Today, a lesson in shameless grandeur and simplicity. The University of Houston's College of Engineering presents this series about the machines that make our civilization run, and the people whose ingenuity created them.
We call the confluence of the Harlem and the East Rivers in New York City Hell's Gate. Dramatic, I suppose, but why not! A bridge opened over Hell's Gate in 1917. It's an arch of iron girders. The arch thickens at each end. It thins toward the center. You get a feeling of buoyancy looking at it.
Othmar Ammann, who designed the bridge, caught Hell for it. This, says writer Christopher Bonanos, was an age of ornament, gravity, solidity, and dignity. Ammann's design was imperfect in some ways. But its simplicity, lightness, and freedom signaled a new era in design.
Ammann had finished an engineering degree in Switzerland in 1902 and had come here soon after. Now -- in 1930 -- he was hard at work on two really grand bridges that're sure to carry his name far into the 21st century.
One was the Bayonne Bridge -- an expanded version of his Hell's Gate triumph. It's a huge graceful arch of open structural steel. The other was the longest suspension bridge up to that time. It's the George Washington Bridge with its 3500-foot span.
The George Washington Bridge also has open structural steel towers. At first they were to've been faced with stone, but the Depression required cost cutbacks. Had Ammann meant all along for that great steel span to stand naked at the north portal of New York City? He never would say.
Whatever Ammann's intentions, the outspoken modern architect Le Corbusier called it the most beautiful bridge in the world. Meanwhile, Ammann kept tying New York to land. He built the Bronx-Whitestone Bridge. He built the Throgs Neck Bridge.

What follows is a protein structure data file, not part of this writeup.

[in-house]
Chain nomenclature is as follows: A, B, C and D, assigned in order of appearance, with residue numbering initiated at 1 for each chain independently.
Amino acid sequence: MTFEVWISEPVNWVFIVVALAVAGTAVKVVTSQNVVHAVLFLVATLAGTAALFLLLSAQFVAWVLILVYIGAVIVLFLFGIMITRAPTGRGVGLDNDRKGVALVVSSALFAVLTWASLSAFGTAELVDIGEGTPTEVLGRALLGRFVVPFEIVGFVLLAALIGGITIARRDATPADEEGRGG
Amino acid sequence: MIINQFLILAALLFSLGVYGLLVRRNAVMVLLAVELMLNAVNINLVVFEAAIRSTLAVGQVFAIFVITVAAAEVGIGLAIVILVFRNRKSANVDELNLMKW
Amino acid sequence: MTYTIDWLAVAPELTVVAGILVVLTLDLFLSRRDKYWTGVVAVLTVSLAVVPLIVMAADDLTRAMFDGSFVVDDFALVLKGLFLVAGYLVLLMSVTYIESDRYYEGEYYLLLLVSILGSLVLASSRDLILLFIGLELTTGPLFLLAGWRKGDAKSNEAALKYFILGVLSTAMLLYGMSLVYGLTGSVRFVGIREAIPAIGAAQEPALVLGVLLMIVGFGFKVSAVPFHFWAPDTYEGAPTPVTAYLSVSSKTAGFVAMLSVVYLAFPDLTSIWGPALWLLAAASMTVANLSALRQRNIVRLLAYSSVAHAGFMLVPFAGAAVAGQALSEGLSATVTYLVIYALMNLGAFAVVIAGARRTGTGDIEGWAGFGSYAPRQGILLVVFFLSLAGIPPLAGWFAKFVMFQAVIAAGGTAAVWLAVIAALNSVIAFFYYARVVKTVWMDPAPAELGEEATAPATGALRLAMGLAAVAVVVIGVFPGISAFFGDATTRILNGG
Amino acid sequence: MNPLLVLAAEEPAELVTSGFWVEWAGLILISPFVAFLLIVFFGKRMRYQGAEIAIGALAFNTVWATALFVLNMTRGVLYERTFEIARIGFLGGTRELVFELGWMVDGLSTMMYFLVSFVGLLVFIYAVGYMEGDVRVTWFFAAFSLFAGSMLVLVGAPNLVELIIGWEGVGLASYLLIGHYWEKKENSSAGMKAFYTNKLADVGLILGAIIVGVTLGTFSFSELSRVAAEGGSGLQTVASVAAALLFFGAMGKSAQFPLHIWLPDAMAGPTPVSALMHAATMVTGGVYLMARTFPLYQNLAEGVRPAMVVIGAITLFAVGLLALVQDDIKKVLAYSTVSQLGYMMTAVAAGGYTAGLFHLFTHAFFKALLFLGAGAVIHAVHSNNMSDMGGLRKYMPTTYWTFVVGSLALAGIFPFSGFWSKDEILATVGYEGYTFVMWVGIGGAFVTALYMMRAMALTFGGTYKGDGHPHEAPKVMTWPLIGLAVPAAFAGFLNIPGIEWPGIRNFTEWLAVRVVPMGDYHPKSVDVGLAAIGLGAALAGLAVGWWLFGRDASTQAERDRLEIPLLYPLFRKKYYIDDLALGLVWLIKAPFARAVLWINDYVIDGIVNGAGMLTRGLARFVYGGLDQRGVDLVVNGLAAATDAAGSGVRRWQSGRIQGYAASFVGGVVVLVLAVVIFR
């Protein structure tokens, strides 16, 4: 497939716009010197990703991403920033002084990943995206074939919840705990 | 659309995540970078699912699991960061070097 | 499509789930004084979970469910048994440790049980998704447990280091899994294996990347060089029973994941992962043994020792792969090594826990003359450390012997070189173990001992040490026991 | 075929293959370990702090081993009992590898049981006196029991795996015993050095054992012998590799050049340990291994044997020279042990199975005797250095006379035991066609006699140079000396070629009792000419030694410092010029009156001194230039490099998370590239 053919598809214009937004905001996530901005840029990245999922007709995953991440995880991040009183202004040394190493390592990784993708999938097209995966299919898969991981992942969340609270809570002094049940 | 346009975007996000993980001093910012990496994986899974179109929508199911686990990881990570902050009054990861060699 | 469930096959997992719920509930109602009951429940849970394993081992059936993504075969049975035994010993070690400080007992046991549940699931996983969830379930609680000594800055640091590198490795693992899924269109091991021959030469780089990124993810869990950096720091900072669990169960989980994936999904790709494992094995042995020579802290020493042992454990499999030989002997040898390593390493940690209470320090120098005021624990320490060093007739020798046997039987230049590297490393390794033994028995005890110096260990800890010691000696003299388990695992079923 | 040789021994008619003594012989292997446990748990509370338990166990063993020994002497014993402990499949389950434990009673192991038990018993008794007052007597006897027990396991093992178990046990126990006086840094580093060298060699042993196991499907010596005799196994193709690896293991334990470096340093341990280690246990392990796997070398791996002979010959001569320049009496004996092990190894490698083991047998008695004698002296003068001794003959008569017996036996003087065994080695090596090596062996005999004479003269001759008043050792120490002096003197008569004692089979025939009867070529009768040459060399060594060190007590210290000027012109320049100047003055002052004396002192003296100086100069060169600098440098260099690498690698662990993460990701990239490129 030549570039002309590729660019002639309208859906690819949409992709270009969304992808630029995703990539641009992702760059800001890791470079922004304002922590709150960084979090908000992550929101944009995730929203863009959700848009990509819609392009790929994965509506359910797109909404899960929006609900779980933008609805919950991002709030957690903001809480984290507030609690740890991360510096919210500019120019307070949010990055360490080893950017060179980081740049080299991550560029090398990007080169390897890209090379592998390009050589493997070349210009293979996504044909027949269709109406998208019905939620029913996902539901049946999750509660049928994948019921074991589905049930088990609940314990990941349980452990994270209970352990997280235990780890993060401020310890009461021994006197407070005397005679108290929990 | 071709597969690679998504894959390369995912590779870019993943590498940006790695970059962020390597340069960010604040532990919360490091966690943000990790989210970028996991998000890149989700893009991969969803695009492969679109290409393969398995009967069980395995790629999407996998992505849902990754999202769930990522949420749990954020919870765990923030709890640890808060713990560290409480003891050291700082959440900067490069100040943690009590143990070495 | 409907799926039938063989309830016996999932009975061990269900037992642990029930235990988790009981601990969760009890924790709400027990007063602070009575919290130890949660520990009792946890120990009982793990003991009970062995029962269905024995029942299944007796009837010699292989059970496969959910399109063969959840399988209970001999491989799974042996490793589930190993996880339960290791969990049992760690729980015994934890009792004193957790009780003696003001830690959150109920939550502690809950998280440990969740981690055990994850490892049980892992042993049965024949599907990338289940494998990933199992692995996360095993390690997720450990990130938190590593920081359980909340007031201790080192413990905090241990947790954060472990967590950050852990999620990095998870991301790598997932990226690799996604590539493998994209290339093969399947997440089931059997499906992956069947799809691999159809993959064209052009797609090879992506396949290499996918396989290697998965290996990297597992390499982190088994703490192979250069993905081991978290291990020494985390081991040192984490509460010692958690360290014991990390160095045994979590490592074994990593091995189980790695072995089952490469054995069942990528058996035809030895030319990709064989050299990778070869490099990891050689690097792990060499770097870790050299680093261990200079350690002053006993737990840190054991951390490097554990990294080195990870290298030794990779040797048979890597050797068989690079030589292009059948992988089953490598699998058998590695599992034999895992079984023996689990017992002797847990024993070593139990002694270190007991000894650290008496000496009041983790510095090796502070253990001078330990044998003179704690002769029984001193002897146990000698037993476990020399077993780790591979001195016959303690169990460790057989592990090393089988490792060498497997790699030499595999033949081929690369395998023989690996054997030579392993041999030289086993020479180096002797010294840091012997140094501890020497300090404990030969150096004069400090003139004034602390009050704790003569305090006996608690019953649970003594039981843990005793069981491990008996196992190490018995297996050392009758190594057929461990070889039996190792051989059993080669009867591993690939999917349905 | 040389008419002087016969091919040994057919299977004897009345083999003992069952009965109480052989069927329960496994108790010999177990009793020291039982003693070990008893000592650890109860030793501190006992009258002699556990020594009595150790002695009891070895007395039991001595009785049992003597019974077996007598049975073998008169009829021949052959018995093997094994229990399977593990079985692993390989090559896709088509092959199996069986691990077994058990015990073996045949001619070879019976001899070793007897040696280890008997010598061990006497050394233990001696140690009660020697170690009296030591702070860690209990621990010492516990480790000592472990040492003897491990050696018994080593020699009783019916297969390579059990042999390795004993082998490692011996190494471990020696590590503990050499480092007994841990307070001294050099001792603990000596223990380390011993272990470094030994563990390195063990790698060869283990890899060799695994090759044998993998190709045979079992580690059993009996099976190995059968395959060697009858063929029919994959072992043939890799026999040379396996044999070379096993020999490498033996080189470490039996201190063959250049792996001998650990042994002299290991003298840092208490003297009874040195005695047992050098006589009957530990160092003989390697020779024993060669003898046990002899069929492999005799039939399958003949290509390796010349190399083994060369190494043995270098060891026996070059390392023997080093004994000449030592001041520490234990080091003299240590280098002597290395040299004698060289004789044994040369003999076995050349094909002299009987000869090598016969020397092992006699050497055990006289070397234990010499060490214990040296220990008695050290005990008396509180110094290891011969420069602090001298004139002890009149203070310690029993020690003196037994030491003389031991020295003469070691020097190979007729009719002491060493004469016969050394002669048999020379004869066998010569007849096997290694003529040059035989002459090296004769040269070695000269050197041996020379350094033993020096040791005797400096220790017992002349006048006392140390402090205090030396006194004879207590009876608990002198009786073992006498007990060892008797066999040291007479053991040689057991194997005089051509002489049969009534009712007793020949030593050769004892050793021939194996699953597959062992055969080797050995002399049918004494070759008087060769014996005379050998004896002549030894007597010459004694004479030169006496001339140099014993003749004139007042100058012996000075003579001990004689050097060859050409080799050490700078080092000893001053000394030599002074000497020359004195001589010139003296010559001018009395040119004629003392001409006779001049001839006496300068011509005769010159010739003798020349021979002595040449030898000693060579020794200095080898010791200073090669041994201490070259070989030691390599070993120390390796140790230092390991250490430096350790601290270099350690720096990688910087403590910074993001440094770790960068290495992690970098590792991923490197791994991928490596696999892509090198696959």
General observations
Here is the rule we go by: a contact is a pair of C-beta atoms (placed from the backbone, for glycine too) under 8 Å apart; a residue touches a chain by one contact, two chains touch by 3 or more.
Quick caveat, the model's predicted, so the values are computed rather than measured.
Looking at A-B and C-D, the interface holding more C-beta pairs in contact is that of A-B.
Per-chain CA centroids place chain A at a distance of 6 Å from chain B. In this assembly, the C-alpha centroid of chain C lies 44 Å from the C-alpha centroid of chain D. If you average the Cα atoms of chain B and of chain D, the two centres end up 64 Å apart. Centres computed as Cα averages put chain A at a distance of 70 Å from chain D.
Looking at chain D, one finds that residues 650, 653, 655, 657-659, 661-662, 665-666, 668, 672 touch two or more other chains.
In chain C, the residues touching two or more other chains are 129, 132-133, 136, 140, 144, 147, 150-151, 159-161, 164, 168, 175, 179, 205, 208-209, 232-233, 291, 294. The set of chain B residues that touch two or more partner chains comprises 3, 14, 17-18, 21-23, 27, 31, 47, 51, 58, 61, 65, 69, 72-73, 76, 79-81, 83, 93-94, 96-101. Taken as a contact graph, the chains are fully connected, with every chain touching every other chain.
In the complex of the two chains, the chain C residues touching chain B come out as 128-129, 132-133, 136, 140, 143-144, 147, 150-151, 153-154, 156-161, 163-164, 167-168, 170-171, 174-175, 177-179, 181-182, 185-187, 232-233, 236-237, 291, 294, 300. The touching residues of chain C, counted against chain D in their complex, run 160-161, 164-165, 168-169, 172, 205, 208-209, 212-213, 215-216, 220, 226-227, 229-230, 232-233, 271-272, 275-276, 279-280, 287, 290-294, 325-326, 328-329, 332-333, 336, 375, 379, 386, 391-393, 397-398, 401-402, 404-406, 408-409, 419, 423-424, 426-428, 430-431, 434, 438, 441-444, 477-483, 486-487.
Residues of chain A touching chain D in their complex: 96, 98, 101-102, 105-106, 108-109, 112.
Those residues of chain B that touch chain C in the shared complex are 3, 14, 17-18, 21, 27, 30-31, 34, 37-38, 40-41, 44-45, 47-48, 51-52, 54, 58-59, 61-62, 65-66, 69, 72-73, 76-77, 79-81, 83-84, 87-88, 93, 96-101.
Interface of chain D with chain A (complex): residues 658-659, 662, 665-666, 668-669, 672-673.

When Ammann died at 86 he'd just finished his last masterpiece. For the second time he'd given us the world's longest suspension span. The Verrazano Narrows Bridge is a plain study in grace, with a 4300-foot central span.
He created a radical new deck design for the Verrazano Bridge to keep it from galloping in the wind. The deck thins toward its edges to guide wind around it. Ammann's work was meticulous. The towers are an inch and a half wider at the top to keep gravity's force dead-vertical -- despite Earth's curvature.
So this remarkable 19th-century engineer left his stamp on bridge-building down through the 20th century. He helped shape a new attitude toward design. Ammann was born ten years before the Eiffel tower was built. And he showed us the steel at the heart of design. Writer Bonanos says that he expressed structure without shame. It is that shameless joy in naked function that touches us. It is the simple grandeur of open steel against the sky.
I'm John Lienhard, at the University of Houston, where we're interested in the way inventive minds work.
Bonanos, C., The Father of Modern Bridges. American Heritage of Invention and Technology, Summer 1992, pp. 8-20.